"Baker's Garage April 2006" © Steven Katzman
Please also click here for a related image entitled 'Baker's Garage April 2009'.
Baker's Garage 2006 (please click here
to see this image)
When I began documenting, "A Portrait of Newtown, an African American community located in Sarasota, Florida, I stumbled across a gas station that no longer sold gas. The pumps had been idle for a number of years, but that didn't stop Newtown's oldest business from servicing its residents cars, filling bicycle tires with needed air, or an ice cold soda. As I entered through the office door, I was immediately thrown back to the nostalgic period of the 1950's.
I received permission from Mr. Baker to shoot his office. What I really wanted to do was shoot the mechanic working under the hood, but "I have a lot of work to do" would always come his reply.
I knew that Mr. Baker had been going through chemotherapy, and was struggling not only to fix the late model autos that would occupy his single stall garage, but also to maintain his dignity while doing so.
I continued pursuing the portrait, but he always avoided the commitment, until one day he was sitting in his office next to the cash register, the same one his father bought in 1953 when he first opened the station. I didn't have the luxury of time, and that it would be rather redundant to photograph his office with and without Lawrence. So while I took his portrait, I noticed that he had pictures of his family pinned to the shelves. His portrait would be pinned next to his family's collection.
Now I could concentrate on creating the Pano of his office I originally pre-visualized. While I was shooting left to right, Lawrence came in to take a break from the daily grind, sipping sodas, busting each other up, while I was trying to concentrate on the shoot. And then there was silence. He walked over to the far right corner of the office, and sat on a box. I wasn't about to ask him to move, so I included Lawrence in the scene. I knew something was seriously wrong, because of the prior information his sister would share with me about her brother, "even as a child, Lawrence would always sit on the floor when he was scared."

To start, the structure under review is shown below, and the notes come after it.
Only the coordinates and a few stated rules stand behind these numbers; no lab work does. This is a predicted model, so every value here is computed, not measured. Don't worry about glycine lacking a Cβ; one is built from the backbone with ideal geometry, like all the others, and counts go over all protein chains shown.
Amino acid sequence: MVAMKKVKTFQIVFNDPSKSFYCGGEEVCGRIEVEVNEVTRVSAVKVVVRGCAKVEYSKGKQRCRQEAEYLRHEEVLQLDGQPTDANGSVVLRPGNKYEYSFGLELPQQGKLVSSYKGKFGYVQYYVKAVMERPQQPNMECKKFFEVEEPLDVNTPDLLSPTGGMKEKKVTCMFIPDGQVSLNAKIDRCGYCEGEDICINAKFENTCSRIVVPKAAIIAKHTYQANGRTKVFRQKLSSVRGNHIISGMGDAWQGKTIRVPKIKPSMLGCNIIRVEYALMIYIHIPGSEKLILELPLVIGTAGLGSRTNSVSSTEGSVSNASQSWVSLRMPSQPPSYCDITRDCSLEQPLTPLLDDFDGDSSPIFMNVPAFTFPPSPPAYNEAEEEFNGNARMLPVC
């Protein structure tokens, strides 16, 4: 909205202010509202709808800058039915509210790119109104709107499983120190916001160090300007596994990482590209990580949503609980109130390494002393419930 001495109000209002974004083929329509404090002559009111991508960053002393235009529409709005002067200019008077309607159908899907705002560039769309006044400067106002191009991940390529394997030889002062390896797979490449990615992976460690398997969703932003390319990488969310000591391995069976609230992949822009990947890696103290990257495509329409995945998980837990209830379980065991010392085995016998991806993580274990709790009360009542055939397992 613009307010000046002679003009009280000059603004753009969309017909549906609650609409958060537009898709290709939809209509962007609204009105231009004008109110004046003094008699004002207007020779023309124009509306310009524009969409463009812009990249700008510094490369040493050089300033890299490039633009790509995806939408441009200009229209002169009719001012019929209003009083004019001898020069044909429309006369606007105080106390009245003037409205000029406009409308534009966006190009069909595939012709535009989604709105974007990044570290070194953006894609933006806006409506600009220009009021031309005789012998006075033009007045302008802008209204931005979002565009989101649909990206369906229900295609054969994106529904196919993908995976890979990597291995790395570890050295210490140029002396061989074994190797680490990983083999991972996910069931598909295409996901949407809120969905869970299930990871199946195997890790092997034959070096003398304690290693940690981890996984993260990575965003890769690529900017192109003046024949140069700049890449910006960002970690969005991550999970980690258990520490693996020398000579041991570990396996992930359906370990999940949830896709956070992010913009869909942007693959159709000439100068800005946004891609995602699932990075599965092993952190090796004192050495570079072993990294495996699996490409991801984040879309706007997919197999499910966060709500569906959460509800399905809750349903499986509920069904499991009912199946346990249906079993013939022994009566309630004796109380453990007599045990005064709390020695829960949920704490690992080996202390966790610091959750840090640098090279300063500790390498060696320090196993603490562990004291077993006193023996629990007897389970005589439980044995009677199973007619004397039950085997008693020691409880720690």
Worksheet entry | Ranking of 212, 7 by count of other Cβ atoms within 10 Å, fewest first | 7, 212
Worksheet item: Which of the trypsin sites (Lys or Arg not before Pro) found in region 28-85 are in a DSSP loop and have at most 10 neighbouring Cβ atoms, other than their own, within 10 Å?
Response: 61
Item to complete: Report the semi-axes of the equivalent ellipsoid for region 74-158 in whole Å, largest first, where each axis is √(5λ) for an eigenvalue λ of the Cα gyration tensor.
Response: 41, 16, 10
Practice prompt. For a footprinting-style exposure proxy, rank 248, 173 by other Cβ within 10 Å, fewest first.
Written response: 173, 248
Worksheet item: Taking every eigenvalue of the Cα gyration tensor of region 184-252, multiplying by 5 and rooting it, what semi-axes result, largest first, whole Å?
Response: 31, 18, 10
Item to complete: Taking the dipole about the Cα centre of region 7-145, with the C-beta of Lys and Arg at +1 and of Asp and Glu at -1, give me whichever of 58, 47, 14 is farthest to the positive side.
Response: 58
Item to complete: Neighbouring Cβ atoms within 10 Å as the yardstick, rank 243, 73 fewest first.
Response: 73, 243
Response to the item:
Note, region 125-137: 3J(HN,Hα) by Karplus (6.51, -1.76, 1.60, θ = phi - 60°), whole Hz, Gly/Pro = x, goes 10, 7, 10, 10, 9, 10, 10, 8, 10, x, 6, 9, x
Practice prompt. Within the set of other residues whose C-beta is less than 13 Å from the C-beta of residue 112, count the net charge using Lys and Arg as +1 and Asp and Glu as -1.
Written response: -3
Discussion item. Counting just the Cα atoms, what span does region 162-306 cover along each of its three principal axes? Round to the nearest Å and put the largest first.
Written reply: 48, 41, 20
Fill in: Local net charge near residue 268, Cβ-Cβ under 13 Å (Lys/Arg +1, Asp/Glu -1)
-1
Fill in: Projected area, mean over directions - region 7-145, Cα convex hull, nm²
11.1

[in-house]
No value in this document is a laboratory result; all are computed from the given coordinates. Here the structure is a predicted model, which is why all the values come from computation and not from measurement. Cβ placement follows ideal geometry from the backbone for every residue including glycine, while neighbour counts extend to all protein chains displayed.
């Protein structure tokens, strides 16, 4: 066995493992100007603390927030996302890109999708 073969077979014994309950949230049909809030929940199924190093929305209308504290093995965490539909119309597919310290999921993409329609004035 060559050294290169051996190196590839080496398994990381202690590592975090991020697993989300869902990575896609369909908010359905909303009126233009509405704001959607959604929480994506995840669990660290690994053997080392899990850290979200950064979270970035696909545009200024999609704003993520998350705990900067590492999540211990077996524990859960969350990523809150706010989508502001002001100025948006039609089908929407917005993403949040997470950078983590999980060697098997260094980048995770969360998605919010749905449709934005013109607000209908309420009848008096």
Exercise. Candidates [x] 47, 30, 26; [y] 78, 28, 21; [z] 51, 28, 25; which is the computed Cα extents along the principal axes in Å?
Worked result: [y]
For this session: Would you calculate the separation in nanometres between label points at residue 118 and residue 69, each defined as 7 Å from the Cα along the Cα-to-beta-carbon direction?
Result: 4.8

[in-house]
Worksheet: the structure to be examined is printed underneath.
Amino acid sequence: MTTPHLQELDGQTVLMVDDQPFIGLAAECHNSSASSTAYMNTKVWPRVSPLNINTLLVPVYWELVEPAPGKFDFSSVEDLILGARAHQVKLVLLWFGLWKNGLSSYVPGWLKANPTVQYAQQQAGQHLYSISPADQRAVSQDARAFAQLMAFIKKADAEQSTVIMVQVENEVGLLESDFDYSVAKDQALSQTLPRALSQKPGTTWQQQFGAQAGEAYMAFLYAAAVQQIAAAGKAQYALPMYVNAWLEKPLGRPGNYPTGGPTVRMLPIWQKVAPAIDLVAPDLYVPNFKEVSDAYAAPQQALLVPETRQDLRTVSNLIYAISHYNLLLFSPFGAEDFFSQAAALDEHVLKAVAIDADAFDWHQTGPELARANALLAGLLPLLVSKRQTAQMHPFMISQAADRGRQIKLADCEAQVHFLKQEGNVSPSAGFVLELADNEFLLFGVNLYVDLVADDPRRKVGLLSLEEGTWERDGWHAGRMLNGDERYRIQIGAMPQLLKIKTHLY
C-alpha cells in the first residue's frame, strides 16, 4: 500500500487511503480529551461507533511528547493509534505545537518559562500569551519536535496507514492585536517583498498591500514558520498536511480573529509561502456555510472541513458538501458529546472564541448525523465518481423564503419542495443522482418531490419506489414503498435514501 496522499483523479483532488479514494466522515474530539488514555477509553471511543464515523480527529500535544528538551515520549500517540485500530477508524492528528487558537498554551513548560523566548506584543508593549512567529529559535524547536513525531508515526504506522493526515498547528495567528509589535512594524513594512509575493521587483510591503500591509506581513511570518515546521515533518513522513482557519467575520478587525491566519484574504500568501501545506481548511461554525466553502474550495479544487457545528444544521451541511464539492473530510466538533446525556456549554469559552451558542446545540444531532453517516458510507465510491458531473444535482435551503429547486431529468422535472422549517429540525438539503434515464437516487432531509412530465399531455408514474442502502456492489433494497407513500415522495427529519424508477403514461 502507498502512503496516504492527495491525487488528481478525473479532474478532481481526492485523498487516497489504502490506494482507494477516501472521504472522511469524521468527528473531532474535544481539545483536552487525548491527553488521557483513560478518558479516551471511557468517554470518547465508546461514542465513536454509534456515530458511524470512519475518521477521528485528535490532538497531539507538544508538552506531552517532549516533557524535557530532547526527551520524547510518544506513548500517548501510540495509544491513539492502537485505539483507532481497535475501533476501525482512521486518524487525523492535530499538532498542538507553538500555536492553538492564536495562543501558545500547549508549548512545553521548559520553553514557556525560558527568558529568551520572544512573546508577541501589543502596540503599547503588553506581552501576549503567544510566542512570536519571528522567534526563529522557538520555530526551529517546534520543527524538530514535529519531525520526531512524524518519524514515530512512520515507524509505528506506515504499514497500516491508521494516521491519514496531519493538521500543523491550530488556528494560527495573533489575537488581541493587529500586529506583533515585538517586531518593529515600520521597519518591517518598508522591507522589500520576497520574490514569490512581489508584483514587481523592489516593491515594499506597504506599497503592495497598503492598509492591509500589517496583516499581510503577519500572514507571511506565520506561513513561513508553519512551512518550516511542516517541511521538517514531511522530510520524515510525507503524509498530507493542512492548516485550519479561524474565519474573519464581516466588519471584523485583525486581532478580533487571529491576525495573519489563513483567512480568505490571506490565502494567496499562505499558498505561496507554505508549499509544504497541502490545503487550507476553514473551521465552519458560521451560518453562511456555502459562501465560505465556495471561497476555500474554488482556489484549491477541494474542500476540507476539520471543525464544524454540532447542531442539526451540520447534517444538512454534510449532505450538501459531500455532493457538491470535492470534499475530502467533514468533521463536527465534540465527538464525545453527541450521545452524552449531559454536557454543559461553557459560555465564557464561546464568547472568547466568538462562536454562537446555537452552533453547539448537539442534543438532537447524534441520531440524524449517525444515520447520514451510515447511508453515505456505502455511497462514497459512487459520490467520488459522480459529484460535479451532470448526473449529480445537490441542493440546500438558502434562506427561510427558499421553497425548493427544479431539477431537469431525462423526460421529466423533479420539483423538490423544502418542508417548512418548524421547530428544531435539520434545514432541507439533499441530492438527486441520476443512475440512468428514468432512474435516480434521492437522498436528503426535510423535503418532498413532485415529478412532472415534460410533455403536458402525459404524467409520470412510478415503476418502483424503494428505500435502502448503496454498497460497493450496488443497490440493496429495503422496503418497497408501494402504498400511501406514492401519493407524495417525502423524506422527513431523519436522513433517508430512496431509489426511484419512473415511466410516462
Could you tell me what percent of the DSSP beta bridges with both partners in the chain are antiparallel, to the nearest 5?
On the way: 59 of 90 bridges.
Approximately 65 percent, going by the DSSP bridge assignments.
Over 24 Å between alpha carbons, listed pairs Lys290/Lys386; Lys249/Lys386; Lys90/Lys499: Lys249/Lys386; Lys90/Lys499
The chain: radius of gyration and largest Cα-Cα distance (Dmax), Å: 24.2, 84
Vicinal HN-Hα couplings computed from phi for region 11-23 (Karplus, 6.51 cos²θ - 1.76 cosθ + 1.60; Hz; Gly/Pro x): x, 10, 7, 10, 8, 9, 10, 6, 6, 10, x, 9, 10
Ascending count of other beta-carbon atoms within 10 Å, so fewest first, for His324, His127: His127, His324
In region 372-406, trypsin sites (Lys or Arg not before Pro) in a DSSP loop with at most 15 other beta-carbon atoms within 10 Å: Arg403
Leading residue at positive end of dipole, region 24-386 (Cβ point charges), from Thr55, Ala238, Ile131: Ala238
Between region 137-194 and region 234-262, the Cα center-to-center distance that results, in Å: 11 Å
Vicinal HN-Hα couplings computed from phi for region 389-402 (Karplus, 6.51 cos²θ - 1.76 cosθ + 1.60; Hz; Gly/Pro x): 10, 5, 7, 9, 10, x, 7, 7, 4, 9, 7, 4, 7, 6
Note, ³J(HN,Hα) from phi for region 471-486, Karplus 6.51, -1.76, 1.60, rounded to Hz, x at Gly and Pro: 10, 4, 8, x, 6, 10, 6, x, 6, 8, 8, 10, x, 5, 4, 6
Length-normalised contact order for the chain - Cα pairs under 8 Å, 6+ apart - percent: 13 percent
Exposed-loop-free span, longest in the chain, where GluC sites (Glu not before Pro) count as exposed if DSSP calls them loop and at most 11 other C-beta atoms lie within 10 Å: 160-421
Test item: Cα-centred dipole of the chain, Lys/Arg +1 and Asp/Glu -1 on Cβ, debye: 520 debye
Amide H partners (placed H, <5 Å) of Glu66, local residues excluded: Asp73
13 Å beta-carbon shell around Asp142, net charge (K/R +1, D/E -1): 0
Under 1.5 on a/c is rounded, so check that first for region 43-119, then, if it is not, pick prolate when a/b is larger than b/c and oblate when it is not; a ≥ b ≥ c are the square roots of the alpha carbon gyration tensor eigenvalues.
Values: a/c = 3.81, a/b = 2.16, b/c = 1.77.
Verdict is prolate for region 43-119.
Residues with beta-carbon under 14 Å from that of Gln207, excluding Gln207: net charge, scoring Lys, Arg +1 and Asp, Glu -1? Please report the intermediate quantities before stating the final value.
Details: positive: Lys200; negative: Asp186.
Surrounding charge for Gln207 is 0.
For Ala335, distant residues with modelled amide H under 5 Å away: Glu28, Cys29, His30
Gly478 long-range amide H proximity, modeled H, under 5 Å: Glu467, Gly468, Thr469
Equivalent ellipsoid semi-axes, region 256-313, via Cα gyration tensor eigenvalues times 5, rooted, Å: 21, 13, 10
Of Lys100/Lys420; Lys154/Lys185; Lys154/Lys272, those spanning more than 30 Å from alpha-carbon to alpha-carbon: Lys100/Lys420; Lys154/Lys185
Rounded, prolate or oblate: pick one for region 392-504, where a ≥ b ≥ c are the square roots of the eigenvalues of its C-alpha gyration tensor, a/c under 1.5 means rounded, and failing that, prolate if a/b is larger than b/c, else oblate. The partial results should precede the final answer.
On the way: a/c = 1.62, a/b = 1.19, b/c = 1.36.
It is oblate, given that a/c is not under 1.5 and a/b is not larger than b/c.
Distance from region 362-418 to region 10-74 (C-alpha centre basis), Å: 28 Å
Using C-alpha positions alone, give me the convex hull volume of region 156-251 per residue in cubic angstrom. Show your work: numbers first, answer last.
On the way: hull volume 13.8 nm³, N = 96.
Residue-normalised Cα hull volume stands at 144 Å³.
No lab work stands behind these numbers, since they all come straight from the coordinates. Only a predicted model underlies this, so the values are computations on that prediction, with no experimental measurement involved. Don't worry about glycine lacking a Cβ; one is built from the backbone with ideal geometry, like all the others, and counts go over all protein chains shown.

Baker's Garage April 2009 (please click here to see this image)
Lawrence died a few months after I took his photograph. I printed a number of the images for his family along with another portrait I took of him at the Town Hall Tavern. What I found rather amusing was that I didn't even know that I was taking a portrait of the mechanic. It was too dark in the pool hall, unable to recognize Lawrence, just another guy with a pool stick.
During the funeral, the portrait of Lawrence was on the left side of the casket, and the Pano was on the right. Just as the casket was being closed, Lawrence's sister shouts, "Wait! Can we put your photograph with Lawrence?" As I nodded yes, somewhat stunned by the question, the 40" Pano covered my friend's torso, my gift never to see the light of day.
At the graveside, the portrait of Lawrence was clutched by his daughter along with the American flag she received because of her Father's service in the Korean War. Taps were played as the casket was lowered, and I said goodbye.
The second image represents the hand of Lawrence Baker's sister. She sells her candy, making ends meet. Long gone is the women's football schedule, its place of honor replaced by Lawrence. A few more family pictures added, Barack Obama included, the yellowed clock finally replaced, fan belts discarded, quarts of oil and license plates framing the last portrait.